18 November 2011

"Geologic time" is hard to grasp

I read an article at ABC Science this morning with this title:

Great Dying happened in hell of a short time

It discussed the mass extinction at the end of the Permian.  I was eager to see what type of cataclysmic event might have been responsible...
Scientists working in South China have pinpointed the timing of the Earth's most dramatic extinction, an event that killed 96 per cent of all marine species, and 70 per cent of those on land.

Their findings show that the so-called end-Permian mass extinction, sometimes referred to as the 'Great Dying', peaked just before 252 million years ago, and took place very quickly, over a period of less than 200,000 years...
Very quickly... 200,000 years.  Stuff like that is so hard for my human mind to grasp (just like cosmic distances and numbers of galaxies).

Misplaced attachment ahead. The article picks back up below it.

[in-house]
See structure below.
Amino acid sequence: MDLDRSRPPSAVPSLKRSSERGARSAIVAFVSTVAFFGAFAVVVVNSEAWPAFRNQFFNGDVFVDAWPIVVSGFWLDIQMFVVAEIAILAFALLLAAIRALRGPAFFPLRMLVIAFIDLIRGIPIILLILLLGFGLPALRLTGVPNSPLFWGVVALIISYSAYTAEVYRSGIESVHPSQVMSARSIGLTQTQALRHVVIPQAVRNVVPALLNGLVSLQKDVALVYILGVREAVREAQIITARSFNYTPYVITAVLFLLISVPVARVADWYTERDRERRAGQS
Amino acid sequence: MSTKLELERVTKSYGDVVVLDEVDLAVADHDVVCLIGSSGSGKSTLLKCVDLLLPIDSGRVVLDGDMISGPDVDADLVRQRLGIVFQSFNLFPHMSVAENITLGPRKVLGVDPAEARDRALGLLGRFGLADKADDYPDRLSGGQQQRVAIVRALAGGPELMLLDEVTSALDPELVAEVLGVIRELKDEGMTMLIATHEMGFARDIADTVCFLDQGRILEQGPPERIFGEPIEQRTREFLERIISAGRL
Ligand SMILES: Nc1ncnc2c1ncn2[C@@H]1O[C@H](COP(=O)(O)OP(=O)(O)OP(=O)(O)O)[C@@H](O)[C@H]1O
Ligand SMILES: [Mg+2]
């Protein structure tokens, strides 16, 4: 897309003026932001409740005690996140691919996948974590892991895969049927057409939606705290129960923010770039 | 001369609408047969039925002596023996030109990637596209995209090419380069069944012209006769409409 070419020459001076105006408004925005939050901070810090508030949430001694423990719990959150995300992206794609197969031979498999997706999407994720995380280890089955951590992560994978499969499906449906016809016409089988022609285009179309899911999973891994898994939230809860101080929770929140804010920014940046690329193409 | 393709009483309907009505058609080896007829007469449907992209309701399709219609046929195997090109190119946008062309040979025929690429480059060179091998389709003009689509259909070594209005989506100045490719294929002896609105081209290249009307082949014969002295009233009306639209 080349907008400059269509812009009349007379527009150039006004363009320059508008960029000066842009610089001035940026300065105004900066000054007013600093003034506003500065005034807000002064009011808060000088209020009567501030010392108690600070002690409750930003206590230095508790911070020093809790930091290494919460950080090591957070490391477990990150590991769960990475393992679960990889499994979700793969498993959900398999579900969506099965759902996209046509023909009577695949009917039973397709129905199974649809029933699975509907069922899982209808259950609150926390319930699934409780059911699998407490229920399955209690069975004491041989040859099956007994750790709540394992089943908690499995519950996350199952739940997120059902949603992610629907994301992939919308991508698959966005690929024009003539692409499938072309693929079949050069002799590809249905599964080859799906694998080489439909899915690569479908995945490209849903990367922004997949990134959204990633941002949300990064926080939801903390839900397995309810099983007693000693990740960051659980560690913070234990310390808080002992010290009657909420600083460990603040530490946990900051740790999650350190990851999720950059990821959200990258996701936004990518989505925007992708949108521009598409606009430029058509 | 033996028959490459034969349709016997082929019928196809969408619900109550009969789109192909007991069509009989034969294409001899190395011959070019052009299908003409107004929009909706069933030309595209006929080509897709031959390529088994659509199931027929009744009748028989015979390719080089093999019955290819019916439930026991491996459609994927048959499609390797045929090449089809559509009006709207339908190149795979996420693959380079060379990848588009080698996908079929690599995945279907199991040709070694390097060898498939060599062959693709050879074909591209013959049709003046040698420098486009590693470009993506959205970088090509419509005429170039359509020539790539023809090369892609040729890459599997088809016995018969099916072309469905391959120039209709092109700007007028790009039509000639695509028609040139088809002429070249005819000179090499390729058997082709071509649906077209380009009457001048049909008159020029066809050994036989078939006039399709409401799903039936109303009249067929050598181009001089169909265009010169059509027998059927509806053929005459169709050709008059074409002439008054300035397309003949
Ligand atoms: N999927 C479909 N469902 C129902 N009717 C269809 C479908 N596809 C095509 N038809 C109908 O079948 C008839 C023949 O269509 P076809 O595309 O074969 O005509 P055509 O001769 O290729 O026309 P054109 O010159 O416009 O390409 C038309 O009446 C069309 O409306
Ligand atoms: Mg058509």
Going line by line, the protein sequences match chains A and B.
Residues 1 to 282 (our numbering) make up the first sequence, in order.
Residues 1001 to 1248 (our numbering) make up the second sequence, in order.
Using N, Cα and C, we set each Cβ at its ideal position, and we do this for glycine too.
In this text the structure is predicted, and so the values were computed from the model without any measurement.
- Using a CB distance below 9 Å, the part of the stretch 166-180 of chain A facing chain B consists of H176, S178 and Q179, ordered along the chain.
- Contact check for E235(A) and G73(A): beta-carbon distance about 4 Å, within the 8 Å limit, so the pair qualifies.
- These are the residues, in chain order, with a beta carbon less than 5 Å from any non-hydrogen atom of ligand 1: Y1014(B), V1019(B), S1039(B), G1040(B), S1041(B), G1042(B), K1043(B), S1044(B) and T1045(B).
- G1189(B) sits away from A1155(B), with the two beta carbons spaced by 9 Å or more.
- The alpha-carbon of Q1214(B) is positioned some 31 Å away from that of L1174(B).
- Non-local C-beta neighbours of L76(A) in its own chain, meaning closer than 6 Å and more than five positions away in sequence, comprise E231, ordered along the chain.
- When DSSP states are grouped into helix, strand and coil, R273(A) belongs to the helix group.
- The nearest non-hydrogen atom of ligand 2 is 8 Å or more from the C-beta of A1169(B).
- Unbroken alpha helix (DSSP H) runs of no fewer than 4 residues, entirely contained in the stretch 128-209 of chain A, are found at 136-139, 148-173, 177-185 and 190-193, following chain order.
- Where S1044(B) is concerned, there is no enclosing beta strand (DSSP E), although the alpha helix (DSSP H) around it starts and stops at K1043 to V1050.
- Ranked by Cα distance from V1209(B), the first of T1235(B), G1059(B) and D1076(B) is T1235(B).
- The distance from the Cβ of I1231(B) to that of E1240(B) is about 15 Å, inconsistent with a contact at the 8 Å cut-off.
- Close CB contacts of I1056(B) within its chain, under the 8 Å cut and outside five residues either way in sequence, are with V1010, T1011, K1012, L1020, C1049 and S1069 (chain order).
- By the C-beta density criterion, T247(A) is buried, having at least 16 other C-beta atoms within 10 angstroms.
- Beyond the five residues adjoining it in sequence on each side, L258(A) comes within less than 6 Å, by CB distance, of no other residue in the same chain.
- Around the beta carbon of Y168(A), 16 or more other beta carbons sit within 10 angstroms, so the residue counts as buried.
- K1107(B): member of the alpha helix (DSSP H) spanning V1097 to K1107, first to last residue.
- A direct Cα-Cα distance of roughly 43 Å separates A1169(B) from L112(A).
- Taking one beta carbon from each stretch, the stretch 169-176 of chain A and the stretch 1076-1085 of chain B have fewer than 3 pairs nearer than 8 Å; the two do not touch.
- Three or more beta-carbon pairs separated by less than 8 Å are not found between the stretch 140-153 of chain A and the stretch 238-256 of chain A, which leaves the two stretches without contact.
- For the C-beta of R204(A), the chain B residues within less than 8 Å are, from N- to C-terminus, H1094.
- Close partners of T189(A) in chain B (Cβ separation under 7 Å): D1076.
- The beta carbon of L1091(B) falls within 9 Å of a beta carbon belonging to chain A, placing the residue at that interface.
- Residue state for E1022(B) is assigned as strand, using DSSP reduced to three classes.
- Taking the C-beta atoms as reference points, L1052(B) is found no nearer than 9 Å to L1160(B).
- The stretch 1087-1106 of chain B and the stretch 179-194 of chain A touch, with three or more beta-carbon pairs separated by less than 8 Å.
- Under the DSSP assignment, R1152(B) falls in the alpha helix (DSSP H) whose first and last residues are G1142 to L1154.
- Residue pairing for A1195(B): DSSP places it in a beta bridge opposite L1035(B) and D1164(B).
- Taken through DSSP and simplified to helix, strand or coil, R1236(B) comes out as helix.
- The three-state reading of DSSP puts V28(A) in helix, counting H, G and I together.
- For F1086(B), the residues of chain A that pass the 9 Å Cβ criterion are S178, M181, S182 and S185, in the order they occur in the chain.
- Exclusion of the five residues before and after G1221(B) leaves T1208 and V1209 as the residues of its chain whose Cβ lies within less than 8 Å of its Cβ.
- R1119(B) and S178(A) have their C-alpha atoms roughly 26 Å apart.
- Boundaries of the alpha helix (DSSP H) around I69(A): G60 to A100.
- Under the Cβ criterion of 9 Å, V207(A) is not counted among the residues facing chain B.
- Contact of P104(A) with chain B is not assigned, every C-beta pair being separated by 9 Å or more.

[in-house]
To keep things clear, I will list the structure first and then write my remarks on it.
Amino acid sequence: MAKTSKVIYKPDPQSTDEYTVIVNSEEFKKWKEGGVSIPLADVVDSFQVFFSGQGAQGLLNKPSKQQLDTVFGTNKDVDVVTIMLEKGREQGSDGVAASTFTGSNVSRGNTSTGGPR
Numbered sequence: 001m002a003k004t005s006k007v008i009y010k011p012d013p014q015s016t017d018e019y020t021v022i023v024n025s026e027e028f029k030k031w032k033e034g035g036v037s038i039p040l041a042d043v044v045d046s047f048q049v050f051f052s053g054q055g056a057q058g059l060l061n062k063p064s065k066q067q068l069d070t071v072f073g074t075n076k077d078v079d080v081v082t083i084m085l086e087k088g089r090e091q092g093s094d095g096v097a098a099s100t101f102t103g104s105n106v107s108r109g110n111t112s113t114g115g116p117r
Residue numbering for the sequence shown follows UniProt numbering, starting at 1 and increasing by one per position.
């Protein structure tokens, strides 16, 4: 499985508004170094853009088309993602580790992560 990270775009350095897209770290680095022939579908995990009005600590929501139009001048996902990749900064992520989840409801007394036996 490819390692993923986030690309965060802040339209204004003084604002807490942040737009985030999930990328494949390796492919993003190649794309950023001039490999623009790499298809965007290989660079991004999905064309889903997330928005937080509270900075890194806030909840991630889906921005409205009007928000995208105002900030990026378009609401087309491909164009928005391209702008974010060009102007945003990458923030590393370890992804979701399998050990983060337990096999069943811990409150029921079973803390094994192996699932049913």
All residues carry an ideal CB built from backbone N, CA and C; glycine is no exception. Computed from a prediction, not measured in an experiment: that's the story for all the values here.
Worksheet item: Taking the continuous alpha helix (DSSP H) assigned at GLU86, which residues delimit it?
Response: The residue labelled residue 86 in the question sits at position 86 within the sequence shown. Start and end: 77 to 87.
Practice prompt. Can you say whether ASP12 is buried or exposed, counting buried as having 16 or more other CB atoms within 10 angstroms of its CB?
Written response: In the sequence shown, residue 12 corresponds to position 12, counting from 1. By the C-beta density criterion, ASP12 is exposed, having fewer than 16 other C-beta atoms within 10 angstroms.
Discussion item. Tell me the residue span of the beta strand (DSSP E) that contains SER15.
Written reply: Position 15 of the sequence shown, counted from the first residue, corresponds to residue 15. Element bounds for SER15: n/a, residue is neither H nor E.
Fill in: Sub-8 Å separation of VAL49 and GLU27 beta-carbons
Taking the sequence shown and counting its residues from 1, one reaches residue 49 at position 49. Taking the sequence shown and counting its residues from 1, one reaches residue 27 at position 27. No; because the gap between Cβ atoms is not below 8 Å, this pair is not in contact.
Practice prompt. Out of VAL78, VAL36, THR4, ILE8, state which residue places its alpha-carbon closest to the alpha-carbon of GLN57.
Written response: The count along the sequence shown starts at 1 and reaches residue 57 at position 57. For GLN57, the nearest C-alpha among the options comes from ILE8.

1. I find that my mind has adjusted to geologic time after reading many online articles. I automatically shift my time gears when reading about evolution and geology. When I read your post my jaw dropped when you reported that the Permian Great Dying took only 200,000 years.That's extremely fast!
    I do have little or no conception of astronomical numbers yet though.

  2. With regard to astronomical numbers, a comment by Arthur C. Clarke in his book "SUNSTORM" really helped me place things in perspective. He said that stars are really like grains of sand placed kilometers apart. Space is very empty.


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